Fresh herbs are a great way to bring a pop of flavour to your dishes.
Yet herbs are expensive to buy at the grocery store and aren’t always in season.
You could use dried herbs, but many of them lose their essential oils and don’t deliver that same WOW punch.
Fortunately, you can enjoy fresh herbs all year long and you don’t need a lot of space to do it.
What to consider when choosing your herbs
If full-scale gardening isn’t your cup of mint tea, or space is at a premium, you need to get the most from your plant choices.
There are two factors you need herbs to do when making that decision based on space. They need to:
- compliment a wide range of dishes
- be easy to grow.
Let’s get started.
Here are 4 Easy-to-Grow and Versatile Herbs
Basil tops the list because it is so versatile and is super easy to grow from seed.
All you need is a small pot and sunny windowsill for fresh basil at your fingertips all year long.
Imagine juicy tomatoes paired with fresh mozzarella and fresh-picked basil!
Top them with a balsamic reduction, a drizzle of high-quality extra virgin olive oil, a little sea salt and fresh-cracked pepper and you’ve got a delicious, super-easy lunch entrée or dinner salad.
Basil is also the main ingredient in fresh pesto, and it pairs with perfection when simmered in tomato-based pasta sauces.
For a unique twist, add sliced basil leaves with Brie cheese to sourdough bread for a fabulous grilled cheese sandwich.
If you want to get even more creative, plant purple basil for a stunning, delicious purple basil jelly.
This herb does double duty.
The fresh leaves (cilantro) of young plants are a staple in Mexican cooking.
Fresh cilantro is also the main ingredient in homemade salsas.
And if you’re tired of parsley, switch it with cilantro for a unique flavour to your salads.
Cilantro is often used in marinades for beef, chicken, pork and vegetables.
It’s especially well suited for marinating meats for fajita recipes.
Extend the life of your plant by trimming off leaves and keep the plant in cooler areas.
Towards the end of the growing season, your cilantro plant will eventually “bolt.” Almost overnight your plant will form lacy flowers.
Soon seeds will develop which can later be harvested.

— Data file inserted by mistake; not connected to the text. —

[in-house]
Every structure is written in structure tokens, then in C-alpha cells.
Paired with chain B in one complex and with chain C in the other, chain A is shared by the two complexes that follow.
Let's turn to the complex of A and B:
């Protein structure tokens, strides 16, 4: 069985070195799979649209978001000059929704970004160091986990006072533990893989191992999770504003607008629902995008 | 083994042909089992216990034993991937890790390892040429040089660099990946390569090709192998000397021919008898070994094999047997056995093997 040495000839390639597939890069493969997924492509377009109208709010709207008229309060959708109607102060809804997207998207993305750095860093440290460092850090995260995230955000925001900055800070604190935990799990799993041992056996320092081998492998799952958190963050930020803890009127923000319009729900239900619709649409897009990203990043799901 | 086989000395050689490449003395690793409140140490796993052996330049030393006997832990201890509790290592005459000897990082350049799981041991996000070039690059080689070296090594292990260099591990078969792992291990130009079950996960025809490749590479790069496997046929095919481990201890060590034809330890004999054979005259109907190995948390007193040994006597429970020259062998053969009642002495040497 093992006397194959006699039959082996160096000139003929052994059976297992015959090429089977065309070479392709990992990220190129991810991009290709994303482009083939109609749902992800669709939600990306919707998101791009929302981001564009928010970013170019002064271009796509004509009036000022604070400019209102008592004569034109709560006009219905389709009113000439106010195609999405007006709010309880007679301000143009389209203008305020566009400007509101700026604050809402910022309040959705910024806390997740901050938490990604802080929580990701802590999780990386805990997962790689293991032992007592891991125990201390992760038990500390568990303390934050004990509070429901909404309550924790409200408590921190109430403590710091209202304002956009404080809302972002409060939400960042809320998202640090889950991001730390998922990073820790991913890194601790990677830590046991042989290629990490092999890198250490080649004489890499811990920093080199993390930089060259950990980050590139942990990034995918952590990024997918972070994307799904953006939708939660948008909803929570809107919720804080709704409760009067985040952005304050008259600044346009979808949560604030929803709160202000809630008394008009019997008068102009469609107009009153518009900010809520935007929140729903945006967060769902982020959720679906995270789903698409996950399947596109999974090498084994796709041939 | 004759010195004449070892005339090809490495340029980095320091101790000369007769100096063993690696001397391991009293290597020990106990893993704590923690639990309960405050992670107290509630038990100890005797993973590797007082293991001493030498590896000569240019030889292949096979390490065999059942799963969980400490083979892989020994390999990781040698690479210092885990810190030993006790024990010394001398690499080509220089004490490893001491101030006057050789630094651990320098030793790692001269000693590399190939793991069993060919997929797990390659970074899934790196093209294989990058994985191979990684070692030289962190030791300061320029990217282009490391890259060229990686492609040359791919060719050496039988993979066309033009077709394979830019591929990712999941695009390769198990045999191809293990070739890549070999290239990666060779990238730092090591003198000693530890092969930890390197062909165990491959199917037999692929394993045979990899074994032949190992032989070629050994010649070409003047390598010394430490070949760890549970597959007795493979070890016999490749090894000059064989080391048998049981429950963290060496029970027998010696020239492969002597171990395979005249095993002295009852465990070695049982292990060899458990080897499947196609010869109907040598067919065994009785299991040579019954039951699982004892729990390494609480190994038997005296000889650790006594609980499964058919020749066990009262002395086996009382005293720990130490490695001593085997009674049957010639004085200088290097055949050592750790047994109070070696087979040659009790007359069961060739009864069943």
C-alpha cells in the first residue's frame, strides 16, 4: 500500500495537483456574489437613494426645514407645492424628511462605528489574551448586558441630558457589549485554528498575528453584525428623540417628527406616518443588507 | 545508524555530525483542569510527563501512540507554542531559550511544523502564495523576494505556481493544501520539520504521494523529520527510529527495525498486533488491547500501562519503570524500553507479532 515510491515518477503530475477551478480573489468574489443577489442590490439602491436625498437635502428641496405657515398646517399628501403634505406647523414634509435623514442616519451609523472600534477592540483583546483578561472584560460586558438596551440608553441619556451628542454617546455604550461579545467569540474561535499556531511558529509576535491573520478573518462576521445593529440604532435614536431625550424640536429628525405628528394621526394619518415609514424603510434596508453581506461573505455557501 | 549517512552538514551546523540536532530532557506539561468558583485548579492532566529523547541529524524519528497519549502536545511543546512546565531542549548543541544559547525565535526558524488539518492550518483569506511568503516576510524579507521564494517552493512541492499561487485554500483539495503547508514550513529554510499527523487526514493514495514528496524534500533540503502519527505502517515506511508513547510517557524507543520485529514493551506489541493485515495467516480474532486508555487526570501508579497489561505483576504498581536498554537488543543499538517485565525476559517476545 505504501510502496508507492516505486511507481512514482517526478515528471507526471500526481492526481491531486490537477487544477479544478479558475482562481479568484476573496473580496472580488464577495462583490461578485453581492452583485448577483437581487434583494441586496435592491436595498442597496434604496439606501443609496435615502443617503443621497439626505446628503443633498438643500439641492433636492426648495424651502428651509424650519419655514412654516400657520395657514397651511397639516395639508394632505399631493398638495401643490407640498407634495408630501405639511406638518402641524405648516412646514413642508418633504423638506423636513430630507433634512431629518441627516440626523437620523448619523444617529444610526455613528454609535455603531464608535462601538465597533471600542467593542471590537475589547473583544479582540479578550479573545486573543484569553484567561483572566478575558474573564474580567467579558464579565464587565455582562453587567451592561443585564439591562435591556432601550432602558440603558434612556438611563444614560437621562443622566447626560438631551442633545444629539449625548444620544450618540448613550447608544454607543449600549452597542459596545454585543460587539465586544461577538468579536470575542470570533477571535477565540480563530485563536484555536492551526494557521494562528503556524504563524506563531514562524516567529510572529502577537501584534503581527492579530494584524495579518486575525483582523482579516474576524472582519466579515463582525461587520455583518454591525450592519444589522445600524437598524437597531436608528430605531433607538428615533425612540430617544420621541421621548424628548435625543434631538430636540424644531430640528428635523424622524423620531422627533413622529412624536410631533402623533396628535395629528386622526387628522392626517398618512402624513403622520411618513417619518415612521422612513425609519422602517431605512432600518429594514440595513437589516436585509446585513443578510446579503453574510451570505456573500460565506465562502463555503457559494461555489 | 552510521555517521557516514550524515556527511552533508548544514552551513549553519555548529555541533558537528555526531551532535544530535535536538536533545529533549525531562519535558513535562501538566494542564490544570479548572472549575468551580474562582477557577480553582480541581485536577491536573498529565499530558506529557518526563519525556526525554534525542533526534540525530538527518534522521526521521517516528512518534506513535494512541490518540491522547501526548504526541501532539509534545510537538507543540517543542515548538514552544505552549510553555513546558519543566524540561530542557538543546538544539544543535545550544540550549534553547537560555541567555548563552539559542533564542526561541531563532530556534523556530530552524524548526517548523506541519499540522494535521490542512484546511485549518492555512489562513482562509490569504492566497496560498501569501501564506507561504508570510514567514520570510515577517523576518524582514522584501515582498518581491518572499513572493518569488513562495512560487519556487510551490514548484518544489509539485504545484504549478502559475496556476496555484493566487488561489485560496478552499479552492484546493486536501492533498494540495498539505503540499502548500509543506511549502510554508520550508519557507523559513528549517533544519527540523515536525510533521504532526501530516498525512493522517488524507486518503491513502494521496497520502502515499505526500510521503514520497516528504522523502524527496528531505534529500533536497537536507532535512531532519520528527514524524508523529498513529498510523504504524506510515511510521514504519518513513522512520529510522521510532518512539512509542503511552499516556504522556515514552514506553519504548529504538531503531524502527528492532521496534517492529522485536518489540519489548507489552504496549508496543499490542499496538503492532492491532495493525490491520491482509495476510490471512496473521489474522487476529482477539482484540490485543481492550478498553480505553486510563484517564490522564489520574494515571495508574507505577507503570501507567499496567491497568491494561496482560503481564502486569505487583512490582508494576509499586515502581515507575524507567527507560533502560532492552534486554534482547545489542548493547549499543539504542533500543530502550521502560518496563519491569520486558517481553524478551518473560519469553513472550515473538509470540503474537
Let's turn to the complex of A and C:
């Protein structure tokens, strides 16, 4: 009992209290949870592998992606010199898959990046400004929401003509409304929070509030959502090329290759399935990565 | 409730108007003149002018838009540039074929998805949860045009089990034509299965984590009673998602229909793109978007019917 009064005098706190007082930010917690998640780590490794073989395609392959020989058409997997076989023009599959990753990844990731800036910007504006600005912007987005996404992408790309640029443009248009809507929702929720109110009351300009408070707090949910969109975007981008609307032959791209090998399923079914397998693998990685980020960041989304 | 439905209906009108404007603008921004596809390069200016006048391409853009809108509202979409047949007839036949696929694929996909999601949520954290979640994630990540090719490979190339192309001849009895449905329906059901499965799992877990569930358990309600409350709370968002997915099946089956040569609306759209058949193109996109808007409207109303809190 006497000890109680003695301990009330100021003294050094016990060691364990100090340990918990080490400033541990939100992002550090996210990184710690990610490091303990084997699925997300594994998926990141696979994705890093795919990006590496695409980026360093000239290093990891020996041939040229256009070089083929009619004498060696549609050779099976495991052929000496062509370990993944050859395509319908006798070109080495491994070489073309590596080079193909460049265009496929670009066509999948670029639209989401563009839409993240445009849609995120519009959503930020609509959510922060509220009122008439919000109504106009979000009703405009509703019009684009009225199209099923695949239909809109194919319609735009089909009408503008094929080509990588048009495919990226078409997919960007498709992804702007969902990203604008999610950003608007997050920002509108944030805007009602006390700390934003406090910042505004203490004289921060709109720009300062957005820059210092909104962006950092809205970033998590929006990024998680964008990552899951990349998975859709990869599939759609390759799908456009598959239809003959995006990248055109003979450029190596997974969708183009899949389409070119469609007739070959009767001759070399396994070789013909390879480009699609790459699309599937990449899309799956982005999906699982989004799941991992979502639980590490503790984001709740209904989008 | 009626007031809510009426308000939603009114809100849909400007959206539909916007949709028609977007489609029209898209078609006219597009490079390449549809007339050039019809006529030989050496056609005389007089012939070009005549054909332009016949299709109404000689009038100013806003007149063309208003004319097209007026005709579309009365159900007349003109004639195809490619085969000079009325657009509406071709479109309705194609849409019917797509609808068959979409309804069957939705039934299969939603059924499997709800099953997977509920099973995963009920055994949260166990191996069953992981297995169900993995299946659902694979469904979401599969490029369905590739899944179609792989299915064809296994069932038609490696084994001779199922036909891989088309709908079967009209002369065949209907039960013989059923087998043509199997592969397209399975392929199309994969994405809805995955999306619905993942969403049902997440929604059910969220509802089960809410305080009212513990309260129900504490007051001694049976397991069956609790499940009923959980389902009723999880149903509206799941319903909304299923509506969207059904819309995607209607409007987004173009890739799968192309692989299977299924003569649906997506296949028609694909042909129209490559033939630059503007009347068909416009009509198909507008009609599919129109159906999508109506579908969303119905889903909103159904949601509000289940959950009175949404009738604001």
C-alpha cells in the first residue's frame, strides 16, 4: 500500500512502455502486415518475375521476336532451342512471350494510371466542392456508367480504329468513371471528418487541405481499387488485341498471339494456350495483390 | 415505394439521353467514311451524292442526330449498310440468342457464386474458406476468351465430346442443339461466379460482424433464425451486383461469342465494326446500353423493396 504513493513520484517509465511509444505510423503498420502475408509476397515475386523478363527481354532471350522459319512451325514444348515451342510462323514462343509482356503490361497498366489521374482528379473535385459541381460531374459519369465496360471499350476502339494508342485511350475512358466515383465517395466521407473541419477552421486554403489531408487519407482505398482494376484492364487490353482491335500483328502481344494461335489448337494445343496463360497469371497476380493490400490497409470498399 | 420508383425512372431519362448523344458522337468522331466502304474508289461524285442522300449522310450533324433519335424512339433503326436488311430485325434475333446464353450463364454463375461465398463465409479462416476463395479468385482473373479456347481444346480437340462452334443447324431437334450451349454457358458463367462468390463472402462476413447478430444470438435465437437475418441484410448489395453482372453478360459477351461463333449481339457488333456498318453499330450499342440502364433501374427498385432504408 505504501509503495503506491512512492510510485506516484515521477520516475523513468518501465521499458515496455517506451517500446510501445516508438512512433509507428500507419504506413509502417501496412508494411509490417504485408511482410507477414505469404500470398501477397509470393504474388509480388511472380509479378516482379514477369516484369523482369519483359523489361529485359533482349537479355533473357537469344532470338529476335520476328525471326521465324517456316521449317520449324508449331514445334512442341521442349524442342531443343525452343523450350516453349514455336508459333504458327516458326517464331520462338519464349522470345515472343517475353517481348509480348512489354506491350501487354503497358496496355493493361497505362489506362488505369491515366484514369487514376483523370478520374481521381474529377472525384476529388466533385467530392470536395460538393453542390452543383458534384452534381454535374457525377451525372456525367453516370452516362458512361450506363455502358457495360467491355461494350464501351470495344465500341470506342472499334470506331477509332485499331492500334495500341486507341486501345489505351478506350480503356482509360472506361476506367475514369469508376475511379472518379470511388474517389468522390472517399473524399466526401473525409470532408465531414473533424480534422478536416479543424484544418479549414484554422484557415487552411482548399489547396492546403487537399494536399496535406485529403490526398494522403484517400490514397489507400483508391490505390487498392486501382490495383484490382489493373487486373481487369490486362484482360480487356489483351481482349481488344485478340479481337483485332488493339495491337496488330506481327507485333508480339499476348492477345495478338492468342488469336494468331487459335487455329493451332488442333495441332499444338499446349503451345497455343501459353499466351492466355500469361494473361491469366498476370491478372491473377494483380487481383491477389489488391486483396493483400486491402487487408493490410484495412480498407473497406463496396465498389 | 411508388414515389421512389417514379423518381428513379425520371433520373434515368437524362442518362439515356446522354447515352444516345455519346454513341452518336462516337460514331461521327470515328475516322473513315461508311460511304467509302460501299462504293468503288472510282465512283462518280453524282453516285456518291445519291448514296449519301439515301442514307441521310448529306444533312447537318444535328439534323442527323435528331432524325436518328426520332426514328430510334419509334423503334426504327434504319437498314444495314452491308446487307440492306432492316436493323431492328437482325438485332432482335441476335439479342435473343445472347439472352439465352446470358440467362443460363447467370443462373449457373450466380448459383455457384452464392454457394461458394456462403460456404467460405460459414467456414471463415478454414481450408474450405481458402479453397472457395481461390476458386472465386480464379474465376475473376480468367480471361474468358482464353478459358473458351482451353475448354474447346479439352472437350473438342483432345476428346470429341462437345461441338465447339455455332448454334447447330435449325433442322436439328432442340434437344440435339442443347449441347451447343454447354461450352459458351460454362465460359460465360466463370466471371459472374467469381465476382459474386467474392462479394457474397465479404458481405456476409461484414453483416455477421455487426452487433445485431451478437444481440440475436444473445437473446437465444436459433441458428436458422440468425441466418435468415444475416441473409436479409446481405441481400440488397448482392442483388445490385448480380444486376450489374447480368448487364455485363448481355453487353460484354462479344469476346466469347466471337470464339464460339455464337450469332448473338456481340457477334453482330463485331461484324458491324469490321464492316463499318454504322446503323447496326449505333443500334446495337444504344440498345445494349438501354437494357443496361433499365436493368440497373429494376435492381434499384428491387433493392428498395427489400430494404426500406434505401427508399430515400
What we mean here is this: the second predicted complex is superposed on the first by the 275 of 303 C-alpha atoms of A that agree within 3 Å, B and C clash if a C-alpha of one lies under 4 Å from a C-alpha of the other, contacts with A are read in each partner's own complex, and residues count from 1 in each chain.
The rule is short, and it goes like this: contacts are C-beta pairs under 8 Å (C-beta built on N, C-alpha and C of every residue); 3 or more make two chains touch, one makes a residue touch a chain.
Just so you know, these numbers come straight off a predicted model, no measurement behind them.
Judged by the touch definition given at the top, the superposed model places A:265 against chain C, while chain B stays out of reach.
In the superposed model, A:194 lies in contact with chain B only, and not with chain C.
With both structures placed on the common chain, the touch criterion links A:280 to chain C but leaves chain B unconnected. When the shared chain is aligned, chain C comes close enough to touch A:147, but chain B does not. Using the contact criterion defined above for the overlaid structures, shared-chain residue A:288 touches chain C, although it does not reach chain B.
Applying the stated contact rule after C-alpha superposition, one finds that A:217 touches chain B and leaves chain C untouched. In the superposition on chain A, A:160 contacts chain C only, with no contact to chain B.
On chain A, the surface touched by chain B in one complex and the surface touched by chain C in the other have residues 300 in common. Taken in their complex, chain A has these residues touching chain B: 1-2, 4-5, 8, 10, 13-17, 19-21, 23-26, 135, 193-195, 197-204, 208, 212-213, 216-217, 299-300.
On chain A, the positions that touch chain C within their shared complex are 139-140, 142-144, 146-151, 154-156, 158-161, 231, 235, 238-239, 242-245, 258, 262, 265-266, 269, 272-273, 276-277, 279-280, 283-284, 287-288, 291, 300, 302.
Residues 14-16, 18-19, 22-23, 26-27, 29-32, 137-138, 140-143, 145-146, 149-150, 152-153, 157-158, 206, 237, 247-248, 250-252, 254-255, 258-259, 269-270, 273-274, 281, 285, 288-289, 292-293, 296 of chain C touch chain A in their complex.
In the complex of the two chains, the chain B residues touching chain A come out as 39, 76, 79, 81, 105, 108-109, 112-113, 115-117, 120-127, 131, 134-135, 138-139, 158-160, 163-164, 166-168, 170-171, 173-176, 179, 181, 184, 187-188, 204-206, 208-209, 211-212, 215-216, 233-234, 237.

Those seeds are what’s known as coriander.
When lightly toasted and ground to a powder they’re more mellow in flavour than the leaves and are a tasty addition to many recipes.
One of my favourites is in the slow cooker with a spicy sauce.
Rosemary can also be started from seeds, but you may find it easier to pick up small plants from your local garden centre each spring.
Bring your potted plant indoors during cooler weather and keep the soil moist.
Rosemary needs a sunny window, preferably with a southern exposure,* to thrive.
Not only is rosemary delicious in marinades for roasted chicken, pork, or beef, it imparts a deep, earthy aroma to roasted new potatoes and homemade focaccia bread.
Rosemary is also a pretty plant with decorative appeal. It adds structure to the herb garden with its elegant upright growth habit.
Before Christmas, trim your rosemary to resemble a tree and add decorations. This makes a special hostess gift around the holidays.
*Southern exposure is a term used in the northern hemisphere.
This is another classic culinary herb that is so easy to grow.
Fresh thyme is a staple in many types of cuisine and adds a distinctive flavour to meat-based dishes, stews and soups.
For a special treat, grow lemon thyme and add an unexpected hint of citrus to your dishes.
Thyme has a look of elegance and beauty and is often grown for that reason alone.
The plant balances taller herbs like rosemary and is used to edge walkways and paths for the fragrance.
A word of caution: if you have pets, keep those herbs for ornamental purpose only.
Parsley is a good standby that goes with every dish and if you can only choose one, this herb is it!
These herbs are all easy to grow, need minimal care, and can be found in a diverse range of recipes, so not only will you enjoy growing them, you’ll love using them too.
If you're inspired to grab some herb seeds for you kitchen
You do not pay more by clicking on these links but if you make a purchase, it helps me to support my blog.
Whole Food Studio is a participant in the Amazon Services LLC Associates Program, an affiliate advertising program designed to provide a means for sites to earn advertising fees by advertising and linking to amazon.com.